However, Wolter added that a “simple forecast is not wrong in all cases. It may be that a business development analysis is being done very quickly, or a back-of-the-envelope forecast is needed, or for process reasons in your company, you don’t want to go to patient flow. There are many process elements and situation elements to consider here.”
Static models, which look at a pool of patients that can be treated, “are sometimes appropriate for a single dose or short duration of therapy,” said Wolter. Dynamic models — also known as patient flow models — keep track of patients entering and leaving the pool. These models start with epidemiological data and then narrow down the patient funnel using patient flow data, he explained. “Those funnel cuts can be topics like what percent of the incident patients will receive any drug treatment, what percent will have insurance, what percent will be eligible for this particular class of therapy, taking out contraindications, etc., and then finally, what percent will be selected as patients by physicians for this particular drug of interest vs. competitive drugs. And that all leads to an available set of patients for the forecast model. All of this happens before patient flow, before we get to thinking about, ‘OK, when are they going to start and how long will they stay on?’”
Wolter explained that there are three approaches to patient flow models:
(1) Straight line, which is essentially “the absence of patient flow. It says all patients are going to come in, we’re not going to worry about what month they’re going to come in, and they’re all going to stay on therapy for the same amount of time.”
(2) Continuous flow, which models people starting treatment at different times. This approach, however, assumes all patients will be on a drug for the same length of time.
(3) Persistence flow. This is the most accurate model, he maintained, but companies must have the necessary data for this approach. This method as well starts patients on therapy at varying times but also drops off patients at different times. Moreover, it considers other factors such as the number of doses a patient takes over a period of time, the volume of dosing or number of vials administered, which can allow for an accurate forecasting for a certain period, such as a week or a month. Armed with this data, companies “can calculate volume and revenue,” he explained.
Because a drug may be indicated for only a particular line of therapy, a company “might be coming in at different parts of the patient journey, and so keeping track of this is another complexity that needs to be added,” noted Rick Johnston, Ph.D., senior software solutions lead at IQVIA, during the webinar.
For medications that have been available for a while, with consistent sales over time, “the overestimation and underestimation from patient flow won’t be that big of an issue,” Wolter stated. “It’s really when the drug is ramping up because that’s when you’re getting more patients each year and when the drug is ramping down. But of course, those are the times when the forecast might be the most important to the company.”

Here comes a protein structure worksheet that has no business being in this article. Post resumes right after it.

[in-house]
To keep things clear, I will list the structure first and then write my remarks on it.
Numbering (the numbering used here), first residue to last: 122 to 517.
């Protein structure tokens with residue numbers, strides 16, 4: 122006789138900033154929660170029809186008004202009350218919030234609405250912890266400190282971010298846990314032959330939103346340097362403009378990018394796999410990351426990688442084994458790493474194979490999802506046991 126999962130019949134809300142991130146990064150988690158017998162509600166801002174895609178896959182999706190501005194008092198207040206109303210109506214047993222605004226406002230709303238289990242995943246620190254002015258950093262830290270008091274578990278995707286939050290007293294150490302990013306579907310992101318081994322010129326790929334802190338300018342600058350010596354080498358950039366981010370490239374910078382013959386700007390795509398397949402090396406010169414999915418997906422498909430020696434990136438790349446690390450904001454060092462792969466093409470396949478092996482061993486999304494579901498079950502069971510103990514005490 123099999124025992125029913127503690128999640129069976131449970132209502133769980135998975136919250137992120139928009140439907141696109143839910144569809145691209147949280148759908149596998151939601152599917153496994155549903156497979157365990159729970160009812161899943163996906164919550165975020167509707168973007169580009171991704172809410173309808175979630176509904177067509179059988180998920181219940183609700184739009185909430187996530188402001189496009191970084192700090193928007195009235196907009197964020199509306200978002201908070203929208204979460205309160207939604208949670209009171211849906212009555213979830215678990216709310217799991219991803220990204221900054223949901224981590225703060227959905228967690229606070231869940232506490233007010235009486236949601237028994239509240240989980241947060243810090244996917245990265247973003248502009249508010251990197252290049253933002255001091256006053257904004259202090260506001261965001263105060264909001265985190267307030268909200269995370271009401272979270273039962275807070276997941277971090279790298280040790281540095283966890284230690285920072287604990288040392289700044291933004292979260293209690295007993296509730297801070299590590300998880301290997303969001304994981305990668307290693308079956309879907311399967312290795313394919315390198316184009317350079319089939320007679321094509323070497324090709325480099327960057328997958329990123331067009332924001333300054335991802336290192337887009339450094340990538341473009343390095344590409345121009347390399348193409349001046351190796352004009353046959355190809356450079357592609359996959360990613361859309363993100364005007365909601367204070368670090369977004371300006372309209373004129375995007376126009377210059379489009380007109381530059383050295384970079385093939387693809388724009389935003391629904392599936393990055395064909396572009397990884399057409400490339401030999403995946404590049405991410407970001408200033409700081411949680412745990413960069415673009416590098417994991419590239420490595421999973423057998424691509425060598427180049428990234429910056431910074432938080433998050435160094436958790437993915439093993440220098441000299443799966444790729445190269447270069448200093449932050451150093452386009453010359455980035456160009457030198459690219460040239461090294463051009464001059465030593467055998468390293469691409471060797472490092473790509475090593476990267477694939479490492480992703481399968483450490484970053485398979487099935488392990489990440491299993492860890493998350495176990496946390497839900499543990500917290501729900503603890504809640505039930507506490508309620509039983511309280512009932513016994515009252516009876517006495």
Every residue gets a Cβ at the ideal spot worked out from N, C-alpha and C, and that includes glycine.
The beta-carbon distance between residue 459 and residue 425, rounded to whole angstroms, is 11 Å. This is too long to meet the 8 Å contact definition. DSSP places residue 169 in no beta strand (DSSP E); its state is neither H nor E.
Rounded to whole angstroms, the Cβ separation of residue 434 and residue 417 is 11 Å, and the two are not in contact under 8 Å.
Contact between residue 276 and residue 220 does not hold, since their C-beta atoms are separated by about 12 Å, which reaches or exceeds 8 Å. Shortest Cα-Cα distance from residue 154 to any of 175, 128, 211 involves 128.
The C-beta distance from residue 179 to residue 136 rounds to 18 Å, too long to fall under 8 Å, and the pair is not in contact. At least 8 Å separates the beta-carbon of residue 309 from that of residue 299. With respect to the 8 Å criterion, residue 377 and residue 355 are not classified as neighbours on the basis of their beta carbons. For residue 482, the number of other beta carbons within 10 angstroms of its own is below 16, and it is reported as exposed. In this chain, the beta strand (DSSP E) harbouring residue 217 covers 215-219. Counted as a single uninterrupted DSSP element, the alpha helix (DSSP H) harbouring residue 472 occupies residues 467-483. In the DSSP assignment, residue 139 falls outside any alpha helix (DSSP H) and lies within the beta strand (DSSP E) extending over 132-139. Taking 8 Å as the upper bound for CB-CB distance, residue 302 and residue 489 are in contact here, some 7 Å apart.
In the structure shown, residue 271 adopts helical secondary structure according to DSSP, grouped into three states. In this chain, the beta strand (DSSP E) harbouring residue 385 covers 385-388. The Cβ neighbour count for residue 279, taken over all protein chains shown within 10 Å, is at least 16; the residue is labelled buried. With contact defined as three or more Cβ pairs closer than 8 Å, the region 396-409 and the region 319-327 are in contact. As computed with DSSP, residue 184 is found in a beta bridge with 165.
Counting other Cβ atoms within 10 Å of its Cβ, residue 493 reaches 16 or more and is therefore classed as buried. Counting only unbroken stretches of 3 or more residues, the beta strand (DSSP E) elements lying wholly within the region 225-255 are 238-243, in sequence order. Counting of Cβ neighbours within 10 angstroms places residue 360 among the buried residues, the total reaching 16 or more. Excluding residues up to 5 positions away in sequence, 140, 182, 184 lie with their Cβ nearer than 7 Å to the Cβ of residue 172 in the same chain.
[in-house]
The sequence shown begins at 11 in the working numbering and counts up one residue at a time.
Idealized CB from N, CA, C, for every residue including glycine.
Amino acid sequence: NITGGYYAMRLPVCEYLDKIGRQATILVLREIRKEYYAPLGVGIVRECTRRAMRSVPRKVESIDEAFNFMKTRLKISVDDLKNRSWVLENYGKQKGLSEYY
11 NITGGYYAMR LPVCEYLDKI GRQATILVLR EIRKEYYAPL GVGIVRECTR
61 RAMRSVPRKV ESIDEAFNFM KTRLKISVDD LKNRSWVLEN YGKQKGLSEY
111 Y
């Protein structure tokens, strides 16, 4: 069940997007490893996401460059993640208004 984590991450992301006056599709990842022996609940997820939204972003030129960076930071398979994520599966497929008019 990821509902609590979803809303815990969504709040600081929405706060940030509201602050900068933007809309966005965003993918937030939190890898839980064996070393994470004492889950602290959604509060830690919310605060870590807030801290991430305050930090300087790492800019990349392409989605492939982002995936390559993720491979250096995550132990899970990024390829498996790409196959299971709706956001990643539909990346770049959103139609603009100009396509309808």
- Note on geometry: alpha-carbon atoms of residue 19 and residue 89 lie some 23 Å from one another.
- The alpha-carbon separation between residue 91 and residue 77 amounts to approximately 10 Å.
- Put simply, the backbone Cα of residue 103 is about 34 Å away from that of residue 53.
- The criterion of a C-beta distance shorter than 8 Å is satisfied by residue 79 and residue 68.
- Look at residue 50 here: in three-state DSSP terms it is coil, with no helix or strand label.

In addition to the launch year, Johnston said that the information also is important in the year that a drug loses exclusivity. “Those are the periods where we’re seeing a lot of dynamics, a lot of change, and when we see a lot of change, modeling these types of issues like flow and patient dynamics is really, really important.”
Traditionally, forecasting has been done using spreadsheet-based persistence models, but these “can be complex to build and slow to run, [while] forecast engines on the web are fast and user-friendly,” contended Johnston. “Basically Excel is very poorly designed to deal with this concept of flow over time, where patients are continually entering or exiting treatment. So things that you might want to track” — such as new patient starts, number of patients exiting therapy, average number being treated and the number of patients transitioning from first line to second line — “those kinds of things are poorly dealt with.”
However, he said, “there are ways to do this in Excel,” and many companies use spreadsheet models with persistence calculations in them. “And what we’re noticing is that they’re really slow.” Johnston said that IQVIA has such a tool, as well as a web-based tool that perform similar calculations. The Excel tool, though, is “not as quick. It’s probably 1/100th as quick” as the web tool.
“We see the web as being really kind of a game-changer in terms of people’s ability to be able to model this level of detail…about individual patients and their treatment progression…and how important that is…to get those…numbers right to avoid over- and underestimation,” stated Johnson.